ERIC Number: ED467772
Record Type: RIE
Publication Date: 2001-Dec
Are Quantitatively-Oriented Courses Different? IDEA Research Report.
Hoyt, Donald P.; Perera, Subashan
This study examined classes at a university within each of four disciplines that differed in the degree to which they emphasized mathematical/quantitative skills. The disciplines were: (1) Social/Behavioral Sciences; (2) Business; (3) Physical Sciences; and (4) Applied Mathematics. A number of distinctive characteristics were found for each course. Overall, those teaching classes emphasizing mathematics/quantitative skills are more likely than counterpart classes in similar disciplines to have poorly motivated students who regard their courses as difficult and demanding and who offer relatively negative evaluations of the course, its instructor, and course outcomes. However, these conclusions vary with the discipline. In Physical Science classes, in particular, students not only were significantly less motivated than those in the other three disciplinary groups, but they also reported working harder. It seems probably that the lower motivation of students in classes that emphasize mathematics and quantitative skills reflect a lack of confidence students express in their mathematics background. An appendix contains tables of study data. (Contains 14 tables.) (SLD)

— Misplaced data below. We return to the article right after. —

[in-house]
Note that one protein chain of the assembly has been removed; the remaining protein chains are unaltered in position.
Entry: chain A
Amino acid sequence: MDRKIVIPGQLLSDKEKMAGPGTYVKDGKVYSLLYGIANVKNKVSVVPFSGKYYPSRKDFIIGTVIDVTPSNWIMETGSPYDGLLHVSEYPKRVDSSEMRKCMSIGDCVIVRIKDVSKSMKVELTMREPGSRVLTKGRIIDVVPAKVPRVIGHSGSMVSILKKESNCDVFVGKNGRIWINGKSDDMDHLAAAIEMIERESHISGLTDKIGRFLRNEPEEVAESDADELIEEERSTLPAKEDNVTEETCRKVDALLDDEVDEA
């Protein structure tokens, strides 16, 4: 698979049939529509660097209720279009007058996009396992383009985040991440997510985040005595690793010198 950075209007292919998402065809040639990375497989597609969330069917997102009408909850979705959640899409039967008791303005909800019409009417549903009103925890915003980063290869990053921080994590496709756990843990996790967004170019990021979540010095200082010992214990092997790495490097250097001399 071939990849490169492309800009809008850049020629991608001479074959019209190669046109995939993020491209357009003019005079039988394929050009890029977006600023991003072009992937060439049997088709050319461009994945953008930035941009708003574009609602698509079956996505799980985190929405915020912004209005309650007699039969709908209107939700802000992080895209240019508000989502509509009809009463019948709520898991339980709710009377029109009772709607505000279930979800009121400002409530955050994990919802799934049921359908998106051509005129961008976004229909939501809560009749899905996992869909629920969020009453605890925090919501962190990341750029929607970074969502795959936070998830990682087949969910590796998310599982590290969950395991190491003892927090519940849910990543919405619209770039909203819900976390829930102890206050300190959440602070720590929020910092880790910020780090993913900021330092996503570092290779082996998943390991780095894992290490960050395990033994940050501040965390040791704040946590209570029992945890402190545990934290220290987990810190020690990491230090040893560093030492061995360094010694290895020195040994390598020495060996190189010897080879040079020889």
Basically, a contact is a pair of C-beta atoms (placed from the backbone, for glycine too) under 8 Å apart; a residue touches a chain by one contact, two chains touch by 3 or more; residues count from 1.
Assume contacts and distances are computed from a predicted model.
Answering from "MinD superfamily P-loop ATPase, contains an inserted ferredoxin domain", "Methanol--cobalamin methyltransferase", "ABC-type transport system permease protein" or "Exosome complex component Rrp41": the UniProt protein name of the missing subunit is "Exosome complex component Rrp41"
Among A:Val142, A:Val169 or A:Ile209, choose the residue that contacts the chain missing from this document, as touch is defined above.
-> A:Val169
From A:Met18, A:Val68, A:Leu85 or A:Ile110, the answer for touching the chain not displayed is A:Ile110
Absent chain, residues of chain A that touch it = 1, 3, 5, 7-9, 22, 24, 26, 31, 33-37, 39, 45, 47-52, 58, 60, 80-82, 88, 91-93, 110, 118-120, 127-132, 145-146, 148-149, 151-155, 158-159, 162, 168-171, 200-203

Publication Type: Reports - Research
Education Level: N/A
Authoring Institution: Kansas State Univ., Manhattan. Center for Faculty Evaluation and Development in Higher Education.
Note: Contains light print.